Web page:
234 F3d 1378 Vernon Pitsker Richard Rogers v. Office of Personnel Management

234 F.3d 1378 (Fed. Cir. 2000)

VERNON G. PITSKER, Petitioner,
RICHARD C. ROGERS, Petitioner,

99-3462, -3467

United States Court of Appeals for the Federal Circuit

DECIDED: December 15, 2000

Appealed from: Merit Systems Protection BoardDavid U. Fierst, Stein, Mitchell & Mezines, of Washington, DC, argued for petitioners.

Domenique Kirchner, Attorney, Commercial Litigation Branch, Civil Division, Department of Justice, of Washington, DC, argued for respondent. With her on the brief were David W. Ogden, Assistant Attorney General; David M. Cohen, Director; andBryant G. Snee, Assistant Director.

Before MAYER, Chief Judge, PLAGER, Senior Circuit Judge,* and RADER, Circuit Judge.

MAYER, Chief Judge.

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Vernon G. Pitsker and Richard C. Rogers appeal the final decisions of the Merit Systems Protection Board in Docket No. SF-0831-97-0822-I-1 (Pitsker) and DA-0831-97-0094-R-1 (Rogers). Because the board's decisions were based on an error in the interpretation of the governing statute, we reverse and remand for recalculation of the petitioners' retirement annuities at a higher rate.



This case presents the question of whether federal law enforcement officers (LEOs) who retire on disability before they reach fifty years of age are entitled to receive annuities computed under 5 U.S.C. § 8339(d)(1) (1994), rather than under 5 U.S.C.§ 8339(g) (1994). Pitsker and Rogers are former LEOs who retired on disability before they reached age fifty, and applied to the Office of Personnel Management (OPM) for enhanced disability benefits under 5 U.S.C. § 8339(d)(1).1 In its initial and reconsideration decisions, OPM denied their applications based on its interpretation of the statute that LEOs must be at least fifty years old at the time of separation to receive enhanced disability payments. Pitsker and Rogers appealed to the board.


The board affirmed OPM's decision denying Pitsker the special annuity computation and denied a petition for further review and consideration by the full board. The board initially reversed OPM's decision denying Rogers' application, see 77 M.S.P.R. 620 (1998), but it later reversed itself and sustained the decision, see 83 M.S.P.R. 154 (1999). The board deferred to OPM's "reasonable" interpretation of 5 U.S.C. §§ 8337(a) and 8339(d). Id. at 165-66. It noted that section 8337(a) says that a disability retirement annuity is computed under section 8339(g), "unless the employee or Member is eligible for a higher annuity computed under section 8339(a)-(e), (n) or (q)." 5 U.S.C. § 8337(a) (1994) (emphasis added). The board held that the commonly understood meaning of "is eligible for" is "meets the qualifications for," and that the statute restricts eligibility for enhanced disability payments to those LEOs who meet the minimum age and service requirements for immediate retirement under 5 U.S.C. § 8336(c), fifty years of age with twenty years of service. 83 M.S.P.R. at 162-63.


Rogers' and Pitsker's petitions for review were consolidated here. They argue that the board erred because OPM's interpretation is unreasonable and contrary to legislative intent. They assert that "[t]he genesis of OPM's error is the erroneous belief that the phrase 'eligible for a higher annuity' as used in 5 U.S.C. § 8337(a) to designate the disabled employees who should receive enhanced disability benefits is synonymous with 'entitled to an annuity' in § 8336(c) to designate retirees who should receive enhanced retirement benefits." They argue that courts recognize that "eligible," as used in other federal statutes, means member of a class, but not necessarily full compliance with all criteria; thus, OPM's interpretation of "eligible" is contrary to commonly accepted statutory interpretation.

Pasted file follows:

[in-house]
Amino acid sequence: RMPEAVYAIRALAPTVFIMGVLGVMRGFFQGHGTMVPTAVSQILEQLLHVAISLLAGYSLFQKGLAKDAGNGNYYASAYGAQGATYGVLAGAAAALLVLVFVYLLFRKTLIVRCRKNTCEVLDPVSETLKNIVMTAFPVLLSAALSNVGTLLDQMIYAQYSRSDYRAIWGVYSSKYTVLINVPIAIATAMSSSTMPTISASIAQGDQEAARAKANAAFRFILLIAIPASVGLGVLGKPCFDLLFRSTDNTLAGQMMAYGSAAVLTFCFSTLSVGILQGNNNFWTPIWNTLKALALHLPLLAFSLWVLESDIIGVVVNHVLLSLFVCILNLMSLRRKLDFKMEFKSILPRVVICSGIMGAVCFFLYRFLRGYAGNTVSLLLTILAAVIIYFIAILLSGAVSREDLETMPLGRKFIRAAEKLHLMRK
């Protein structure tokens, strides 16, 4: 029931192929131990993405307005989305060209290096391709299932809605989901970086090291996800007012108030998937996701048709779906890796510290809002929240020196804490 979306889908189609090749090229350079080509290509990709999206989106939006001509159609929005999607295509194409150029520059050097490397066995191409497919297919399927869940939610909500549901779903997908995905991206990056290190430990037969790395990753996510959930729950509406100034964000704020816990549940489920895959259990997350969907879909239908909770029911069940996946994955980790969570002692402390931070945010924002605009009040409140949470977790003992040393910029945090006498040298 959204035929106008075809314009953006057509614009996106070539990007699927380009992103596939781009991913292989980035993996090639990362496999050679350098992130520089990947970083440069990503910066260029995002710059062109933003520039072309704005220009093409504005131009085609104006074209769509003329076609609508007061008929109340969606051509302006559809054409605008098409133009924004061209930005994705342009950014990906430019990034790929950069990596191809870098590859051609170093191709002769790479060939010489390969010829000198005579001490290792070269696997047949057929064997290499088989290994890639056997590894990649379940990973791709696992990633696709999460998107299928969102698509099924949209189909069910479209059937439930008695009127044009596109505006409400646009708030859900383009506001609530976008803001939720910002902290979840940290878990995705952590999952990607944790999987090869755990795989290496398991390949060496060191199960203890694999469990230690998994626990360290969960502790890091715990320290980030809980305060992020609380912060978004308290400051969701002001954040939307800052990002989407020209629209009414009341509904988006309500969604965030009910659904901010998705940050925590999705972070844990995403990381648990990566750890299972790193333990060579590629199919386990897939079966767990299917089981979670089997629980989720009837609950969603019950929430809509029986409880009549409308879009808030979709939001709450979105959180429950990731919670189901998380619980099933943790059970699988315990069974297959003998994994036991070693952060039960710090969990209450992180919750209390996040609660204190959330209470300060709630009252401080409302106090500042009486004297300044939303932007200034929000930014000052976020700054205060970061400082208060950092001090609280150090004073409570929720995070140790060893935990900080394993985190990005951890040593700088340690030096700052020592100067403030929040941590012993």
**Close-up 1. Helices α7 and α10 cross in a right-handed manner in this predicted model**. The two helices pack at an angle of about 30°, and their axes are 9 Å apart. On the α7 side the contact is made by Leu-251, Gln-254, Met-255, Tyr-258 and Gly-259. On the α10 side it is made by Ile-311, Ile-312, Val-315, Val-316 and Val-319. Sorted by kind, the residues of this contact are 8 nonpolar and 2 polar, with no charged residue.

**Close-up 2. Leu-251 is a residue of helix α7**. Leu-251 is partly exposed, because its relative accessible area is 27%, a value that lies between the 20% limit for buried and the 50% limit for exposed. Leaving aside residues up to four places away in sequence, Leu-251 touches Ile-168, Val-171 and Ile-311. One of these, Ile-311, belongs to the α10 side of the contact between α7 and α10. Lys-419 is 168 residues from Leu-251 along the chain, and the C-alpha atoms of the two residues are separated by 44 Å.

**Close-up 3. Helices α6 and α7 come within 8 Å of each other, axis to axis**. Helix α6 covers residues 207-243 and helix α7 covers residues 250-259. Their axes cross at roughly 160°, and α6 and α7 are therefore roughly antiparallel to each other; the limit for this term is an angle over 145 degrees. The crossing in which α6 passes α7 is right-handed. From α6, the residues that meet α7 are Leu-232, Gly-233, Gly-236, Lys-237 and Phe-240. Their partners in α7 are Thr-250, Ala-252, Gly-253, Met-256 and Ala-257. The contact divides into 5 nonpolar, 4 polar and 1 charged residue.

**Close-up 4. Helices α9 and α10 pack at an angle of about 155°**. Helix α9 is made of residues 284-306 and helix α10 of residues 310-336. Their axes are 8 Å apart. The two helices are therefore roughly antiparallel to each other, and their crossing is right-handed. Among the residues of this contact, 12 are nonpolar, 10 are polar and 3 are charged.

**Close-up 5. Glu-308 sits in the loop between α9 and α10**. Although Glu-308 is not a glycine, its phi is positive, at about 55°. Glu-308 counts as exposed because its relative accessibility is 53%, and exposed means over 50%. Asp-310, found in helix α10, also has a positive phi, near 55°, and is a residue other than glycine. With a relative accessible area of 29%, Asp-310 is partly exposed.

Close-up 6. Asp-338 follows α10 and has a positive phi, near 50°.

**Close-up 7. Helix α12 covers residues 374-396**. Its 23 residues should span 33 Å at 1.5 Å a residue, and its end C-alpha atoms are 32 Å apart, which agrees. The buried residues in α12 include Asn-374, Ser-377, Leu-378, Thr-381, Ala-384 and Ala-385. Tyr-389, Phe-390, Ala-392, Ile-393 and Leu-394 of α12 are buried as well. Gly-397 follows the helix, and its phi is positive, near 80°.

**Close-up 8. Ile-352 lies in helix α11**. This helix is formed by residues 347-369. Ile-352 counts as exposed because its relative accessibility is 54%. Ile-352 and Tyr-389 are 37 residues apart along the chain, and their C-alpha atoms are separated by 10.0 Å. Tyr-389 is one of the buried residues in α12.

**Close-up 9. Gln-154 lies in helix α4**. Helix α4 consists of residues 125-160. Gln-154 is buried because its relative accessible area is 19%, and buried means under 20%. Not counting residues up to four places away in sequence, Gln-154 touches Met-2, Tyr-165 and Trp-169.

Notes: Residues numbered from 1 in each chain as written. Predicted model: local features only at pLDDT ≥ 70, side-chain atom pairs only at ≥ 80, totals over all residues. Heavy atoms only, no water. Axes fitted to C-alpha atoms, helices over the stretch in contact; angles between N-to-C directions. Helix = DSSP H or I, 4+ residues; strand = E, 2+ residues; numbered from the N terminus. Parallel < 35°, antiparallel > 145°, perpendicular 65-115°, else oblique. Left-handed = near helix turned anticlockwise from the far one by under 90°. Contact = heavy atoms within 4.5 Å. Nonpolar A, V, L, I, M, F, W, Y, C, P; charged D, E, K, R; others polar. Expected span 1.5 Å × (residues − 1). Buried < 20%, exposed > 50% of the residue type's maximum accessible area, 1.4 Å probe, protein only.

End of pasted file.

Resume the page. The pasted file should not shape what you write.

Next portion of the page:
Rogers and Pitsker also argue that an LEO who has twenty years of service and reaches fifty years of age would never choose a disability retirement because it places certain restrictions on him, such as annual physicals and a limitation on earnings. They emphasize that as LEOs, they were required to contribute a larger amount toward their retirement than other government employees, which they never will be able to recover as other LEOs do through enhanced retirement benefits. They infer that Congress must have intended LEOs to have a higher level of benefits than other federal employees if they become disabled. OPM responds that if this was Congress' intent, it could have said so by referencing section 8339(d) in section 8339(g), just as it provided for an enhanced annuity computation for the LEOs of the legislative branch by referencing section 8339(q).



Under our statutory standard of review of a decision of the board, we are required to affirm unless the petitioner proves that the decision is "(1) arbitrary, capricious, an abuse of discretion, or otherwise not in accordance with law; (2) obtained without adherence to procedures required by law, rule, or regulation having been followed; or (3) unsupported by substantial evidence." 5 U.S.C. § 7703(c) (1994); seeHayes v. Dep't of the Navy, 727 F.2d 1535 (Fed. Cir. 1984). Judicial review of federal disability determinations is limited to determining whether "there has been a substantial departure from important procedural rights, a misconstruction of the governing legislation, or some like error 'going to the heart of the administrative determination.'" Lindahl v. Office of Pers. Mgmt., 470 U.S. 768, 791 (1985) (quoting Scroggins v. United States, 397 F.2d 295, 297 (Ct. Cl. 1968)). "We review this decision to determine whether the agency misconstrued the governing legislation." Balick v. Office of Pers. Mgmt., 85 F.3d 586, 588 (Fed. Cir. 1996). Statutory interpretation is a question of law which we review de novo. See Rosete v. Office of Pers. Mgmt., 48 F.3d 514, 517 (Fed. Cir. 1995).